Civil Marriage Unlikely, Kotel Deal for Sure: What New Israeli Gov’t Means for Religious Status Quo

With a Reform rabbi and openly gay party leader set to be in the next government, what does this mean for matters of religion and state? Not as much as you might expect

Judy Maltz
Judy Maltz
A female worshipper wearing a Pride-colored at the Western Wall.
A female worshipper wearing a Pride-colored at the Western Wall. Credit: Eyal Warshavsky
Judy Maltz
Judy Maltz

If the new rotation government headed by Yair Lapid and Naftali Bennett ultimately gets sworn in (still a big if), it would be the first time since 2015 that the ultra-Orthodox parties were not part of the ruling coalition. It would be the first time Israel has a prime minister who wears a yarmulke (though in the tradition of a certain type of Orthodox Jew, Bennett’s is very small). It would be the first time a Reform rabbi – Labor MK Gilad Kariv – is a member of the governing coalition (not to mention the Knesset). And it would be the first time an Islamist party (or any Arab party, for that matter) was part of the governing coalition.

How will all these firsts affect matters of religion of state in Israel under the new proposed government?

Details of the various coalition agreements signed in recent days have yet to be made public, so it’s hard to know what exactly has been promised to whom. While advocates of religious freedom and pluralism may certainly feel heartened by the more liberal composition of the new government, they should probably not get their hopes up too high.

Civil marriage will not be legalized in Israel anytime soon, the rigidly Orthodox Chief Rabbinate is not going anywhere, and it will be a long time before public buses start operating regularly on Shabbat.

In other words, the religious status quo is likely to continue even in this so-called “government of change.”

“I think we need to lower our expectations,” says Yizhar Hess, vice chairman of the World Zionist Organization. “This is a government of many compromises, so to a large extent, what was will remain.”

Naftali Bennett praying at the Western Wall after he first became a lawmaker in 2013.Credit: Ammar Awad/REUTERS

Dan Feferman, a fellow at the Jewish People Policy Institute, cautions that while Bennett’s Yamina party is far more liberal than Shas or United Torah Judaism – the two ultra-Orthodox parties that enjoyed considerable clout under (outgoing?) Prime Minister Benjamin Netanyahu – it is still an Orthodox party, with all that entails.

By the same token, United Arab List, the Arab party that signed the coalition agreement, represents a deeply religious Muslim constituency that is strongly opposed to gay rights and civil marriage.

“It’s hard to imagine that there will be any major breakthroughs,” Feferman says, “especially because this government may eventually want to bring in the ultra-Orthodox parties.”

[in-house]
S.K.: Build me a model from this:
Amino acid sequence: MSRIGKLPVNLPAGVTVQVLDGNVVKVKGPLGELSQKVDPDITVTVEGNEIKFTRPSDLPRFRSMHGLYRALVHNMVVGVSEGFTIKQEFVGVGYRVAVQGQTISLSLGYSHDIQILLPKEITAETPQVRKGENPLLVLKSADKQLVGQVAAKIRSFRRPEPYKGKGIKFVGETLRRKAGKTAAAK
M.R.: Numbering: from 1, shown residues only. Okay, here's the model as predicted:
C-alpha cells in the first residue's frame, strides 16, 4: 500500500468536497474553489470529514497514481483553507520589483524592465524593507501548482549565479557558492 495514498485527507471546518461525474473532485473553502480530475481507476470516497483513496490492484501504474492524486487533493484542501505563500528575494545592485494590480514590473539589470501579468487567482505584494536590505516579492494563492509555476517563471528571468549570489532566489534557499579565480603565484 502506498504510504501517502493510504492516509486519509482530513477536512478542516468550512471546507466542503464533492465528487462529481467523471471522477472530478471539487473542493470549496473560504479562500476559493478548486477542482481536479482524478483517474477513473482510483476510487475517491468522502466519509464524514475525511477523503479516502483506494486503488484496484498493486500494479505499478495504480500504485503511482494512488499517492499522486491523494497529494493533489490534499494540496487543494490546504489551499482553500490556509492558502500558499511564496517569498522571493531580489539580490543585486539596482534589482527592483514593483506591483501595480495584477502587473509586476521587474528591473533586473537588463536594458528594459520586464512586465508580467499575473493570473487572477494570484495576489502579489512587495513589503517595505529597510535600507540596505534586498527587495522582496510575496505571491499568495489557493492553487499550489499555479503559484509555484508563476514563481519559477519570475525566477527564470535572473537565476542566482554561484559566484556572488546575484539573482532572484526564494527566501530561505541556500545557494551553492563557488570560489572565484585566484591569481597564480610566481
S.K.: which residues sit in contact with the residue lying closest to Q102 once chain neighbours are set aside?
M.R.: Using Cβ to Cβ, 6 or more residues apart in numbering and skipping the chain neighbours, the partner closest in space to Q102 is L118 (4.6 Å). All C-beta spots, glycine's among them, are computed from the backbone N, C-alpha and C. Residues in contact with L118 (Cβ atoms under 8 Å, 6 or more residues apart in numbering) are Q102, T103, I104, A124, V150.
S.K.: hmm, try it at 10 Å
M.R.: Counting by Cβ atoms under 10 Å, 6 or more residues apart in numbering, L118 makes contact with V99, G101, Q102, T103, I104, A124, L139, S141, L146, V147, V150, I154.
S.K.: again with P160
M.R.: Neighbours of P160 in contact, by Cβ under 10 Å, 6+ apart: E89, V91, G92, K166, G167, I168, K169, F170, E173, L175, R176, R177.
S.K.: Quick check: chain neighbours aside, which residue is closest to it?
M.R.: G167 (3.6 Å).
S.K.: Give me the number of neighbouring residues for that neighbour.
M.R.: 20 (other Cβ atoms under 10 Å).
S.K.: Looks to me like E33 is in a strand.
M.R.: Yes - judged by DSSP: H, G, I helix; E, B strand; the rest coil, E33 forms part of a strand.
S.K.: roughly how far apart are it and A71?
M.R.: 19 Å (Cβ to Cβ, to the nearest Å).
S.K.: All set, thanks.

Avigdor Lieberman, head of the strongly secular Yisrael Beiteinu party that is also a member of the coalition, has said the new government will take guidance from Tzohar – an association of Modern Orthodox rabbis known to be more progressive than the Rabbinate on matters like conversions and kashrut authorization – in drafting its religious platform. Tzohar may be more progressive than the Rabbinate, but it is still an Orthodox organization.

According to details of the coalition agreement that have already been published, Lieberman will be Israel’s next finance minister, and a member of his party will chair the very powerful Knesset Finance Committee.

Uri Keidar, executive director of Israel Hofsheet (Be Free Israel), an organization dedicated to religious freedom and Jewish pluralism, believes the decision to hand over control of the state coffers to a secularist party, one often seen as the nemesis of the Haredim, carries potentially wide-ranging implications.

“This could spell an end to preferential budgetary treatment of the ultra-Orthodox,” he says. The Haredi community receives special government funding that allows male adults to study full-time in yeshivas rather than work, while Israel’s child allowance system is constructed in such a way as to encourage the ultra-Orthodox to have large families.

The last time the Haredi parties sat on the opposition benches, Lapid was finance minister and cut funding to their constituents. As Feferman notes, however, when they joined the next government, their allocations were renewed.

On other issues related to religion and state, here’s what can be expected of this new government (if it indeed takes shape):

Conversions

Several months ago, Israel’s High Court issued a landmark ruling allowing Jews by choice who were converted in Israel by non-Orthodox rabbis to be recognized in the Population Registry as Jewish. The justices noted in their decision they were forced to rule on the matter because the government and the Knesset have refused to initiate legislation that would regulate conversions.